Safe, warm and well-fed: Making it the norm

The Royal Australasian College of Physicians (RACP) says that the 2018 report from the Child Poverty Monitor shows that one in five children in Aotearoa are suffering unacceptable levels of hardship and deprivation.

“Like our Prime Minister, we want Aotearoa New Zealand to be the best place in the world for children,” said Dr Jeff Brown RACP NZ President and a paediatrician based in Palmerston North. “Are we doing enough to create this best place, to make this the norm for our kids?”

The RACP is concerned at the report’s findings, which show persistent inequities in hospitalisation, mortality, education outcomes and food security. Children living with higher levels of social and economic deprivation and hardship are more at risk of being hospitalised for a respiratory condition. Children living in poverty are less likely to enjoy a nutritious diet than children living in areas of greater social and economic advantage.

“We know that kids living in food-insecure households are less likely to have fruit, vegetables and cereals to eat every day. Around 10 per cent of the kids living with the greatest levels of deprivation will go without these foods a lot,” Dr Brown said.

“Our children need to have access to foods that will allow them to grow up healthy, be able to learn at school, and participate in society. The impact of hardship and poverty in childhood has the potential to affect their health and wellbeing as adults.”

The RACP is building on its 2017 #MakeItTheNorm campaign, which called for healthy housing, good work and whānau wellbeing to become “normal” in New Zealand. “We see that these things are increasingly not normal for so many families.”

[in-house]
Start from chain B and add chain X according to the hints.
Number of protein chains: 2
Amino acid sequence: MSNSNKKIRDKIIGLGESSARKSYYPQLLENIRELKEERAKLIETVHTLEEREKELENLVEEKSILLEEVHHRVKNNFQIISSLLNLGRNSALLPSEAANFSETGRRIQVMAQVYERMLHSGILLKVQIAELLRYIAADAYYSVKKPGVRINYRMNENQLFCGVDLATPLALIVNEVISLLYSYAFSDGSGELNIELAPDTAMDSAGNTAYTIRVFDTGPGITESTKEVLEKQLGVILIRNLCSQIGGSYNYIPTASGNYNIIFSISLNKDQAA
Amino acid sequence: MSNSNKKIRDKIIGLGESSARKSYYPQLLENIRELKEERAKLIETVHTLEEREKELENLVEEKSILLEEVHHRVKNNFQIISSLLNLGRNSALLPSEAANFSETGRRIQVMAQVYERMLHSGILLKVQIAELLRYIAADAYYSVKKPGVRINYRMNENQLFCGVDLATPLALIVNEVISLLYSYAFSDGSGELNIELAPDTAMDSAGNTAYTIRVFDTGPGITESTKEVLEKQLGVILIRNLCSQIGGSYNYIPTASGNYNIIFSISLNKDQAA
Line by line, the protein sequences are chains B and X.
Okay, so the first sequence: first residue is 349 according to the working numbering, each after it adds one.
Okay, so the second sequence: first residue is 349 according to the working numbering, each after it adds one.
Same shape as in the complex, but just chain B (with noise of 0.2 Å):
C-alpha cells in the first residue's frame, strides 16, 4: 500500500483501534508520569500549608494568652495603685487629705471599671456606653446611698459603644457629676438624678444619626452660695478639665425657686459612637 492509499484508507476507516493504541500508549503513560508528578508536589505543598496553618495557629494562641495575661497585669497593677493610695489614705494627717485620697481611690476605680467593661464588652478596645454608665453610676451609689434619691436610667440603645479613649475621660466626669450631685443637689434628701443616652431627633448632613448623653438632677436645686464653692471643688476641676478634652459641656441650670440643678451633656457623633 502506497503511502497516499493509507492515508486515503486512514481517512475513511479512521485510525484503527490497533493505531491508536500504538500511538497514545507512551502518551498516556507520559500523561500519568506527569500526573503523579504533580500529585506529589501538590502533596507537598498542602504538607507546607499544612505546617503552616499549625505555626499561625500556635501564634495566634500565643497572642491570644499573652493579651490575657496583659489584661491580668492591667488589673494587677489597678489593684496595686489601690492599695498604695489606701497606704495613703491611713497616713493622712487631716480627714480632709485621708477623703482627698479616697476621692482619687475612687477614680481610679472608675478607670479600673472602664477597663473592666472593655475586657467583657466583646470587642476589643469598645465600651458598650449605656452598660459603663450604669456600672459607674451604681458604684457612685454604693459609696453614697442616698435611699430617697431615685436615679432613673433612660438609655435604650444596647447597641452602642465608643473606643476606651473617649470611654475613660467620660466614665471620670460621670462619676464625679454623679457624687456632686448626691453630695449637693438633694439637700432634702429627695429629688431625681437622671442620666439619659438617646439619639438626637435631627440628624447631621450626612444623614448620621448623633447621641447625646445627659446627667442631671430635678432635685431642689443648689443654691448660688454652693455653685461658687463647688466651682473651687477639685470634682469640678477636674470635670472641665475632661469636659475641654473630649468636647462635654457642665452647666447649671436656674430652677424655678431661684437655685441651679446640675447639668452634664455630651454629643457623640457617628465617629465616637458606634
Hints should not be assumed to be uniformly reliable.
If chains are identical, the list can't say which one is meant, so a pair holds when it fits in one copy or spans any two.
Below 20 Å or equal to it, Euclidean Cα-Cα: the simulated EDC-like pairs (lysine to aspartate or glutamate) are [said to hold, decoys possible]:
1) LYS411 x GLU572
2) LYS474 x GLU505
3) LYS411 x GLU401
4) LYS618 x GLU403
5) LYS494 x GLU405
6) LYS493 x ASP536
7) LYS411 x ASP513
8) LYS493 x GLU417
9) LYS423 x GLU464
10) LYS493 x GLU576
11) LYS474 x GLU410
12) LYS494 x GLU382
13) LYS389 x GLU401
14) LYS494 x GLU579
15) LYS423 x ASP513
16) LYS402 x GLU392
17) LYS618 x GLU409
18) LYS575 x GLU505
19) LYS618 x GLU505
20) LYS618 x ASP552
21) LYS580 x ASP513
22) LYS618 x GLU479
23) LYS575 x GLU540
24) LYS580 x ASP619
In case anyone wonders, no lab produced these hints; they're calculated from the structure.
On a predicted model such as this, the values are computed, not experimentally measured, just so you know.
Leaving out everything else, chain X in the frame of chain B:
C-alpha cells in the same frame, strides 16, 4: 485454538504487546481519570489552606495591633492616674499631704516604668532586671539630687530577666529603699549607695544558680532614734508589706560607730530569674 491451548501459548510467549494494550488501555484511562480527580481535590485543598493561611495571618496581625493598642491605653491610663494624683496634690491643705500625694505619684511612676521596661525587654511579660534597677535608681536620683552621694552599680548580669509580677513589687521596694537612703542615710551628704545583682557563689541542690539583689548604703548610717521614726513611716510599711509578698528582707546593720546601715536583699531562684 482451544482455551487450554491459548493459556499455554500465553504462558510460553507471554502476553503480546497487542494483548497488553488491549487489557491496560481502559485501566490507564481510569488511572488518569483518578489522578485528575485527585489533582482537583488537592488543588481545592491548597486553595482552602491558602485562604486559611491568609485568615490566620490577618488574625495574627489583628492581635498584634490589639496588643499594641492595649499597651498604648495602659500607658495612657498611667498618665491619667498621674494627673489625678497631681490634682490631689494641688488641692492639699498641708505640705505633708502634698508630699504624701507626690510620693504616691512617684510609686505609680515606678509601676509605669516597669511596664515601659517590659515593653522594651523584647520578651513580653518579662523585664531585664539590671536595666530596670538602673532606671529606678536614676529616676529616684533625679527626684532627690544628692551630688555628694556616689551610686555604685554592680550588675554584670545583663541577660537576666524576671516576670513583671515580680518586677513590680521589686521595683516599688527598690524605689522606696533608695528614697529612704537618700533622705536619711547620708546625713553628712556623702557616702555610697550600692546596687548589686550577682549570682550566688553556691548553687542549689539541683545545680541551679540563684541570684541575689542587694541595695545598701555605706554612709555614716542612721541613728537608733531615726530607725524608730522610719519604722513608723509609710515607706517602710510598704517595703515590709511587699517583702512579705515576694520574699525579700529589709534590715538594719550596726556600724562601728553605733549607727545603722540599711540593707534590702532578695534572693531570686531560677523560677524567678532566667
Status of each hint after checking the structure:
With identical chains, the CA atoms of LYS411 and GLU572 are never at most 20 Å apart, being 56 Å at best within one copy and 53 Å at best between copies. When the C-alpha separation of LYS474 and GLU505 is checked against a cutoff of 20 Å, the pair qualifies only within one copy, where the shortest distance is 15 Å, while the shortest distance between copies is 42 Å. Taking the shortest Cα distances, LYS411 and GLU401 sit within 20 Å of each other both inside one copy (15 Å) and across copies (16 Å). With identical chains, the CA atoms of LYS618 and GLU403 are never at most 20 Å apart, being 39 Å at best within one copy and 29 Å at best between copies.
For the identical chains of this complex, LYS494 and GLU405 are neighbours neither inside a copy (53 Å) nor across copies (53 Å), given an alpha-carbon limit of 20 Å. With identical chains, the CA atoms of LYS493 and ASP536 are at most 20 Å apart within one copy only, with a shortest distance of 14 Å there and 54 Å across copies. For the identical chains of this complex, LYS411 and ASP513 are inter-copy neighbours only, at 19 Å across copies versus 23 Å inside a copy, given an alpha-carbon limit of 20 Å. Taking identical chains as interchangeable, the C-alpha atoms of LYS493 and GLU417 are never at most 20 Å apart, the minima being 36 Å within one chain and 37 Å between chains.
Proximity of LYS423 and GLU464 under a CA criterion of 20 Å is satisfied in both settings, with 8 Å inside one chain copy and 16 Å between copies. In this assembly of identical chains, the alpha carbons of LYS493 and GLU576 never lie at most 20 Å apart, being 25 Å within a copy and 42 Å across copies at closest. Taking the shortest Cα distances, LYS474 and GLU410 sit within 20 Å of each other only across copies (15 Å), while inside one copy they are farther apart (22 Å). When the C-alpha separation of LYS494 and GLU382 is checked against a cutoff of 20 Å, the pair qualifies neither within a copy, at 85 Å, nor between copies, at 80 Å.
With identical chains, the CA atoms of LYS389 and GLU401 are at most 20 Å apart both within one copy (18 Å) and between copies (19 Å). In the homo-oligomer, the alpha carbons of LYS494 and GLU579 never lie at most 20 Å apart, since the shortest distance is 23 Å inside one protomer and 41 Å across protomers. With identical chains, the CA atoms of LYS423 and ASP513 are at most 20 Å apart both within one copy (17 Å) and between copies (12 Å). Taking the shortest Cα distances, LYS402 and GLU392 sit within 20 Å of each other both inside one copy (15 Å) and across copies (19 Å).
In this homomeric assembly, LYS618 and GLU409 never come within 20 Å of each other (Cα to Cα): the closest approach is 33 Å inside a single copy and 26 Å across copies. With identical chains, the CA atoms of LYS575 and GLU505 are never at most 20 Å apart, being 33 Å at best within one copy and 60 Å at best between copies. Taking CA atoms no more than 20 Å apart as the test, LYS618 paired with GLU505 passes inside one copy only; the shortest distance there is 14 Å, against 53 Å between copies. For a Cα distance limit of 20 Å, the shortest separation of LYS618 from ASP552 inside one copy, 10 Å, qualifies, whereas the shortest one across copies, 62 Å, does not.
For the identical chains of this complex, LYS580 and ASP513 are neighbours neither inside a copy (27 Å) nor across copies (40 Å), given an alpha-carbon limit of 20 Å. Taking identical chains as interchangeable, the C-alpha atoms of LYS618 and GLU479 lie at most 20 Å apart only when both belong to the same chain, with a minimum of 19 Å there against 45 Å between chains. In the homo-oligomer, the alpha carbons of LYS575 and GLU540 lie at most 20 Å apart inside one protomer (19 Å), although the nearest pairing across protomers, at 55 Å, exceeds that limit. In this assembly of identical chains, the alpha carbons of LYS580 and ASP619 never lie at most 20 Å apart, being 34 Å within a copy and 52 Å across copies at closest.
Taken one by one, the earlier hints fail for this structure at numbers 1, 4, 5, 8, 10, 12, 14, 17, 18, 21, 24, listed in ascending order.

“Kids don’t exist in isolation from their families. Child and youth wellbeing is whānau wellbeing. What can we as a society and as a nation do about it?”

The RACP is looking at progress under the current government towards ensuring all whānau enjoy warm and dry housing; work is properly remunerated and free from hazards; and whānau enjoy healthy environments and improved access to mental health support in primary care.

“The RACP will be releasing a series of report cards looking at how we are tracking as a nation in making healthy housing, good work and whānau wellbeing the norm in Aotearoa NZ,” Dr Brown said. “These will identify where gains have been made, and where we need to do better.”

Information on the #MakeItTheNorm campaign can be found on the RACP website, at
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